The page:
Telemedicine During COVID-19

Telemedicine provides a clear and obvious benefit for those in need of medical care during the COVID-19 crisis. Staying home while receiving medical care protects the patient, health care providers, and all who come into contact with them. Using telemedicine services also helps reduce stress on overwhelmed hospitals and other healthcare facilities. Not surprisingly, the demand for telemedicine services has dramatically increased.  

In an effort to encourage and facilitate the use of telemedicine, the Center for Medicare Services has expanded, temporarily, coverage for telemedicine services. The Department of Health and Human Services has announced that it will “not impose penalties for HIPAA violations against healthcare providers in connection with their good faith provision of telehealth using communication technologies during the COVID-19 nationwide public health emergency.”

Licensing issues for healthcare providers practicing telemedicine still remain, however. Further, healthcare providers crossing state lines, via telemedicine, face myriad liability issues based on the wide variance in state laws regarding medical malpractice. For example, states have different caps on the amount a medical malpractice patient can recover, and these caps often dictate the amount or limits of a healthcare provider’s professional liability insurance coverage. HHS Secretary Alex Azar has urged state governors to relax or modify regulations in an effort to reduce healthcare providers’ exposure to potential licensure violations or liability issues related to telemedicine services, but to date, no federal legislation has been enacted that would preempt state laws on these issues. Thus, until a particular state acts, healthcare providers face the same risks they always have encountered when practicing medicine – via telemedicine or in person – across state lines.

Many states, including Indiana, have heeded the call and, in one form or another, loosened or modified licensing requirements. Liability issues remain, and a provider is still likely to be subject to the laws of the state in which his or her patient is located at the time of the telemedicine. However, as the general standard of medical malpractice requires an examination of the circumstances under which a healthcare provider was practicing at the time of the medical care at issue, the nature of the current healthcare crisis would intuitively provide some level of protection for those who go beyond their normal geographic practice area in order to help those in need of services. In other words, what is “reasonable care” during this crisis may differ from what is “reasonable care” at other times.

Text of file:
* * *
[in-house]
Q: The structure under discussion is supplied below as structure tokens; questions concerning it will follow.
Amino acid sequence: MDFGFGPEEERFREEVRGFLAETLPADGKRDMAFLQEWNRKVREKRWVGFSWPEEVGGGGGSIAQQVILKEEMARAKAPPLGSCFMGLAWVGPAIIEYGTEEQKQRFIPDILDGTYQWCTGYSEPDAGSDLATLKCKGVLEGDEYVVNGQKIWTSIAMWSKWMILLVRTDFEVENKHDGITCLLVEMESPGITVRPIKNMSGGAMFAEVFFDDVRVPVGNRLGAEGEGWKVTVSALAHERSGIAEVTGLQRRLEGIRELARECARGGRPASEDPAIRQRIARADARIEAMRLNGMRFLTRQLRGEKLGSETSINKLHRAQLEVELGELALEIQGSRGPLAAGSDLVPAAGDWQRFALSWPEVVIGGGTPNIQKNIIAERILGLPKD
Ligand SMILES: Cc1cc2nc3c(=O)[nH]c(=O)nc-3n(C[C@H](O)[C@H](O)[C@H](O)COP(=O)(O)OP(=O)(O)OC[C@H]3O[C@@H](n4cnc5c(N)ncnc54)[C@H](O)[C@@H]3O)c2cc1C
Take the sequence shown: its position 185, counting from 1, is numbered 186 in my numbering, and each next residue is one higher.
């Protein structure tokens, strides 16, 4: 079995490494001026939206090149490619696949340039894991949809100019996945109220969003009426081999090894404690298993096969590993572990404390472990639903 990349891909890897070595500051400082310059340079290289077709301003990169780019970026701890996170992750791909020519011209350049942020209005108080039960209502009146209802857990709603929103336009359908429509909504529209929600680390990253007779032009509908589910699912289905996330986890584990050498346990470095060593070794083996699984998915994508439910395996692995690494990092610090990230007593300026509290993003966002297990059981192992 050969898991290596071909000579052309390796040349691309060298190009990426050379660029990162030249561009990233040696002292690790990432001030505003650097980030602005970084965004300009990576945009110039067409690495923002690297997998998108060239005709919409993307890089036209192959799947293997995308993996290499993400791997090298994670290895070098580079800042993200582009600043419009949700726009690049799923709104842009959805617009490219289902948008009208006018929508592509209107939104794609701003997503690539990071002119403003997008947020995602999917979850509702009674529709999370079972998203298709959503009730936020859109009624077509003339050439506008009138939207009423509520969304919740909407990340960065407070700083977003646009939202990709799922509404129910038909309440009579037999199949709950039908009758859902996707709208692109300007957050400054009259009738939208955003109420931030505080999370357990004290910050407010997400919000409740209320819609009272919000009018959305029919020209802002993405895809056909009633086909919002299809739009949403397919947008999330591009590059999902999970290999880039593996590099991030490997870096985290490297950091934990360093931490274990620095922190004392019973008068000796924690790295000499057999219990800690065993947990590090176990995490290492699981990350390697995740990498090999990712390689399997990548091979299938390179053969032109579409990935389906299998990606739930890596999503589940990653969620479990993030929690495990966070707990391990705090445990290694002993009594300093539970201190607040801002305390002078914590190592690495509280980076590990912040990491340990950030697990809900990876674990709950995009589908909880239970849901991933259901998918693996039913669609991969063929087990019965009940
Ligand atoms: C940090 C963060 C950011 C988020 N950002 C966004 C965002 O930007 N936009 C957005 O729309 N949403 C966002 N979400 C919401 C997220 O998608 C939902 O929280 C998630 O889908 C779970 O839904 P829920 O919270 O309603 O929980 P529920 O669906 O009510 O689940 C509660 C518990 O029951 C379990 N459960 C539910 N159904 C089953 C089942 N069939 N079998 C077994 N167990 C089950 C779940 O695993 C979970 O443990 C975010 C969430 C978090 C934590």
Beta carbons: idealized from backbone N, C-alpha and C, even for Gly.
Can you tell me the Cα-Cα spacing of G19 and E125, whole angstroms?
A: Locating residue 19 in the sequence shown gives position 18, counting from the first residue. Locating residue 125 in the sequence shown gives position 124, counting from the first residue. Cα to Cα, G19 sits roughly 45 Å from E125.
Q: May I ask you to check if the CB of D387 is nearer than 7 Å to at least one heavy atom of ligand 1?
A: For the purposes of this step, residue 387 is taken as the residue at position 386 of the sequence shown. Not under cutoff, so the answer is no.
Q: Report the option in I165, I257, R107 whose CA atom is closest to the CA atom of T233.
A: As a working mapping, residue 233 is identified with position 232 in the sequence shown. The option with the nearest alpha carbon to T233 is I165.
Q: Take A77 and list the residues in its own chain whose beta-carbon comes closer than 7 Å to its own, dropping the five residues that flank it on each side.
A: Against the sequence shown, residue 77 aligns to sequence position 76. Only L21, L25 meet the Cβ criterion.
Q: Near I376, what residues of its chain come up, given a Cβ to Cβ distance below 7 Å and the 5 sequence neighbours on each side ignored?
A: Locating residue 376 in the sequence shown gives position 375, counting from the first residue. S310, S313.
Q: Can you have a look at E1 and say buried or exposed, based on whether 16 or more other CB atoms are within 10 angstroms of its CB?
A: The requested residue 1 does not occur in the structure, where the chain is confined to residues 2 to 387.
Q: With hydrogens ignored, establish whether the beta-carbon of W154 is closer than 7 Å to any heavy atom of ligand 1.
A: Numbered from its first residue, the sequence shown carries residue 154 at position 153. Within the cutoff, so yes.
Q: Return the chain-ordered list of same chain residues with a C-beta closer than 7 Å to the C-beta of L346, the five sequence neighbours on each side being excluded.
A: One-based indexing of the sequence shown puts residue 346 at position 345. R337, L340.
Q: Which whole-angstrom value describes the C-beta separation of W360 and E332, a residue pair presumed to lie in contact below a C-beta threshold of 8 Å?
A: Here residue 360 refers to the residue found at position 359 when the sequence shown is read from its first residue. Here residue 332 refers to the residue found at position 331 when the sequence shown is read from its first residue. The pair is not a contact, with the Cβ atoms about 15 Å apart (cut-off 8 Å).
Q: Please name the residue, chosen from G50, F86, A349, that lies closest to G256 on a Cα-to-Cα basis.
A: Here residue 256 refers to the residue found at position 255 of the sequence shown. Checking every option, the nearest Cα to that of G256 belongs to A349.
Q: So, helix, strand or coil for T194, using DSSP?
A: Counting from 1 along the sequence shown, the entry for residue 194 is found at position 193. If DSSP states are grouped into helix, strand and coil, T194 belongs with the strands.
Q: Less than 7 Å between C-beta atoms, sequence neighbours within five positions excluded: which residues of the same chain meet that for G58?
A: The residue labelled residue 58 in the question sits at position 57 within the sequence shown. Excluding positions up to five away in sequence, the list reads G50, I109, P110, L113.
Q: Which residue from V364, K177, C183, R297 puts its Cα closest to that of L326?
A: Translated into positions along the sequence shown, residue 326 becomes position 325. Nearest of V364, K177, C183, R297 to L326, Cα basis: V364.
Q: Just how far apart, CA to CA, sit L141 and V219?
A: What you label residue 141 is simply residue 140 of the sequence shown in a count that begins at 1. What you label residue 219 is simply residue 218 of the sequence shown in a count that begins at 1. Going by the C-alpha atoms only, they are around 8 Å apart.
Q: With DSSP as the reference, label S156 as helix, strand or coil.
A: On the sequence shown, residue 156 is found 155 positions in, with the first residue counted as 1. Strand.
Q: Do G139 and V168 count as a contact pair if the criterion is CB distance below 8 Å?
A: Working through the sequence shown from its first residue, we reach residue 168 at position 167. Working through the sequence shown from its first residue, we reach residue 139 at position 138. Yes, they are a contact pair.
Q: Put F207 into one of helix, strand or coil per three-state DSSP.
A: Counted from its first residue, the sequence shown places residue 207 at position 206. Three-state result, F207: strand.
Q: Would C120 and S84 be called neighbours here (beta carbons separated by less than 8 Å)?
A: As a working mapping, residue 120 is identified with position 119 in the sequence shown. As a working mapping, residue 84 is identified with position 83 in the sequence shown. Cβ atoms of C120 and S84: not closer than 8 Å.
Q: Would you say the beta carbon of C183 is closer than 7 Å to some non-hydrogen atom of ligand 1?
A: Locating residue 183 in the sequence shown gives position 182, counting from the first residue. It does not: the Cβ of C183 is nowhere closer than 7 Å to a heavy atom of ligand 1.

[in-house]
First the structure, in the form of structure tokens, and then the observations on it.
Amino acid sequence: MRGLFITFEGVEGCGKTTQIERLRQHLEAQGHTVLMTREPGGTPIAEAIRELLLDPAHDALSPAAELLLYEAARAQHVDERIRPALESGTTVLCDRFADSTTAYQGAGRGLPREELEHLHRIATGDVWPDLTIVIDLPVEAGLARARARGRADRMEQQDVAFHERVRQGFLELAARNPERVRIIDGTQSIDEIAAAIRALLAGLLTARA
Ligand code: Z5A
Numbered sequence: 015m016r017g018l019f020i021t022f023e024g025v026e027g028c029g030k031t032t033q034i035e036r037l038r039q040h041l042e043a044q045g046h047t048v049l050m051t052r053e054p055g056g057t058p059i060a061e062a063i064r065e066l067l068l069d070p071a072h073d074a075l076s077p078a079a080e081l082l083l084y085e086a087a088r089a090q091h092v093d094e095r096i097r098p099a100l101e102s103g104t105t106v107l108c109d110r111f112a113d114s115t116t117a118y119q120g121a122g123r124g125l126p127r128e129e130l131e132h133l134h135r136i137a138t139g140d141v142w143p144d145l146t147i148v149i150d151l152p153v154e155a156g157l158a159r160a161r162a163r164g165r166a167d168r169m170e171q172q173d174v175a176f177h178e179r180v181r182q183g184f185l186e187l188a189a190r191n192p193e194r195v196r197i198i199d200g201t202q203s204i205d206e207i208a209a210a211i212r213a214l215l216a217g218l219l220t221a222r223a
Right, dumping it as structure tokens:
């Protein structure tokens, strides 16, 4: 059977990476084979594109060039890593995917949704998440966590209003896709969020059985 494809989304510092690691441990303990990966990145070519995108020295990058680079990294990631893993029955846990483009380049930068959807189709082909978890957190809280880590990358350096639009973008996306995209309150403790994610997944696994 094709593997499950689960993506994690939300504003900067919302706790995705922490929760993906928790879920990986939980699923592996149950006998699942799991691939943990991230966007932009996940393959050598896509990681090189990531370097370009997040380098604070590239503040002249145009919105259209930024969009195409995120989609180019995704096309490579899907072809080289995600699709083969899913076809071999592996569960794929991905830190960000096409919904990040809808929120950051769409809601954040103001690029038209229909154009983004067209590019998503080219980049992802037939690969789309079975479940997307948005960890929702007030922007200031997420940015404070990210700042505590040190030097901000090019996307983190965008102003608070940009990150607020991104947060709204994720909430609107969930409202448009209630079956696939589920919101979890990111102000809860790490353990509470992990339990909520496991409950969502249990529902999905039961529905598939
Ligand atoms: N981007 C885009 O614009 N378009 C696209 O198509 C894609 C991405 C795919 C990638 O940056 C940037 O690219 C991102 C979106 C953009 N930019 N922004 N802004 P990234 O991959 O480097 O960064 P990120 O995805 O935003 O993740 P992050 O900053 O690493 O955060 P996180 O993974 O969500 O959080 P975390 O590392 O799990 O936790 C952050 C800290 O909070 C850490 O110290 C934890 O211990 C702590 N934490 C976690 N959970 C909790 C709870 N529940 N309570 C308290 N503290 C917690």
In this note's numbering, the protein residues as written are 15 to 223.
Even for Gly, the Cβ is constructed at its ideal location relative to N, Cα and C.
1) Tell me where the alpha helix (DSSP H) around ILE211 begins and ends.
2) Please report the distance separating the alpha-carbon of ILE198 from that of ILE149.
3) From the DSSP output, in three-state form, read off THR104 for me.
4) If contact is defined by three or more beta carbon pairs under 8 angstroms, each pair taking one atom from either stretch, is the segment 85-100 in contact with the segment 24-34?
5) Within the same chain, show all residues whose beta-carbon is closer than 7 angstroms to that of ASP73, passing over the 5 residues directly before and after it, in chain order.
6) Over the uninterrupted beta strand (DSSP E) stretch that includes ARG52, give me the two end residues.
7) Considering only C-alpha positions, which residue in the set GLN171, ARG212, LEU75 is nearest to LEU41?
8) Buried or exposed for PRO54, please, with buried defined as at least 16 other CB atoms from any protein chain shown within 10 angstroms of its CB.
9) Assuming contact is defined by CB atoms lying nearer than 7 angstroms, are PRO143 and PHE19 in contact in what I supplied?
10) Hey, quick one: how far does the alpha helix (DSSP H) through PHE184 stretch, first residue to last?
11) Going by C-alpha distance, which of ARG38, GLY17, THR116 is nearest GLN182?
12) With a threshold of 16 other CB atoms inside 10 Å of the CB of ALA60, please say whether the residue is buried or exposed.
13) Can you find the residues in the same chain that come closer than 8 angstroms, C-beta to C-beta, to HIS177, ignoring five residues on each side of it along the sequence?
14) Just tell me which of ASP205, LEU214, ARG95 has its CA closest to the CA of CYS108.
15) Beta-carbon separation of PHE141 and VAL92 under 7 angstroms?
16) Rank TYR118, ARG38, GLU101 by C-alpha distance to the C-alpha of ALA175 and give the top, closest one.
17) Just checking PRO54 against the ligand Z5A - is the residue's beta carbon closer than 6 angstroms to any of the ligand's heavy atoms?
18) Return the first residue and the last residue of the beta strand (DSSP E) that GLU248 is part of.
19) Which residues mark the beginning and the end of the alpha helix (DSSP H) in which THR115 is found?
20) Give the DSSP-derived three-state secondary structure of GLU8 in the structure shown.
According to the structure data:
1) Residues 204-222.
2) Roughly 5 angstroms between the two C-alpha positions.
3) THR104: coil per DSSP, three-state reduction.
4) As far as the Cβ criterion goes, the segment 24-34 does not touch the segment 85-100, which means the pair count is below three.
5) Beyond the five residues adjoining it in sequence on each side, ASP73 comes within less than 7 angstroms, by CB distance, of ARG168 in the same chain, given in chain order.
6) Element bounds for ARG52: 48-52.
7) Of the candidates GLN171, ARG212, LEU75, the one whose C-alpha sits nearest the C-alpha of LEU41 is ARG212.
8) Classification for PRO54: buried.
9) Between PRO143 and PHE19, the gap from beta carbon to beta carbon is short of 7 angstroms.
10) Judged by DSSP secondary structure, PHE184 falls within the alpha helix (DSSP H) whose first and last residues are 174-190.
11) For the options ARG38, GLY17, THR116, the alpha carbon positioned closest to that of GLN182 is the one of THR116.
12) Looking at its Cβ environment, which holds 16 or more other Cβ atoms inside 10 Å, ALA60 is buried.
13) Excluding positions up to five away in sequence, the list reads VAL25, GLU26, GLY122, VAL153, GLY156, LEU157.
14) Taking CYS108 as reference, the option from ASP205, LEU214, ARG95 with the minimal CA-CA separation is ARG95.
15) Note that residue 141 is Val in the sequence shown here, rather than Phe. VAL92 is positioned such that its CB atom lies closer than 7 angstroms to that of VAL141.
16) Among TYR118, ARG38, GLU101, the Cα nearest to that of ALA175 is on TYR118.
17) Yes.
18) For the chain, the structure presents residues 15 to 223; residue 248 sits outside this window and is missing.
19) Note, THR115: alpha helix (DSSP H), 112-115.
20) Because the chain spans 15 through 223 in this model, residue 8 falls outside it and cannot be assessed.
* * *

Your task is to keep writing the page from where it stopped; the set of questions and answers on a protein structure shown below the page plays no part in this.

Healthcare providers often place the health and safety of those who need assistance ahead of liability concerns, and they will do what they believe is best regardless of potential exposure down the road. The legislature and legal system are, and should continue the practice of, recognizing this intrinsic quality of those in the medical field by protecting them from liability and eliminating barriers to expansion of practice during the current emergency. 

For questions contact the author William A. Ramsey at or at (260) 423-8824 or a member of Barrett McNagny's medical malpractice defense team or health care team

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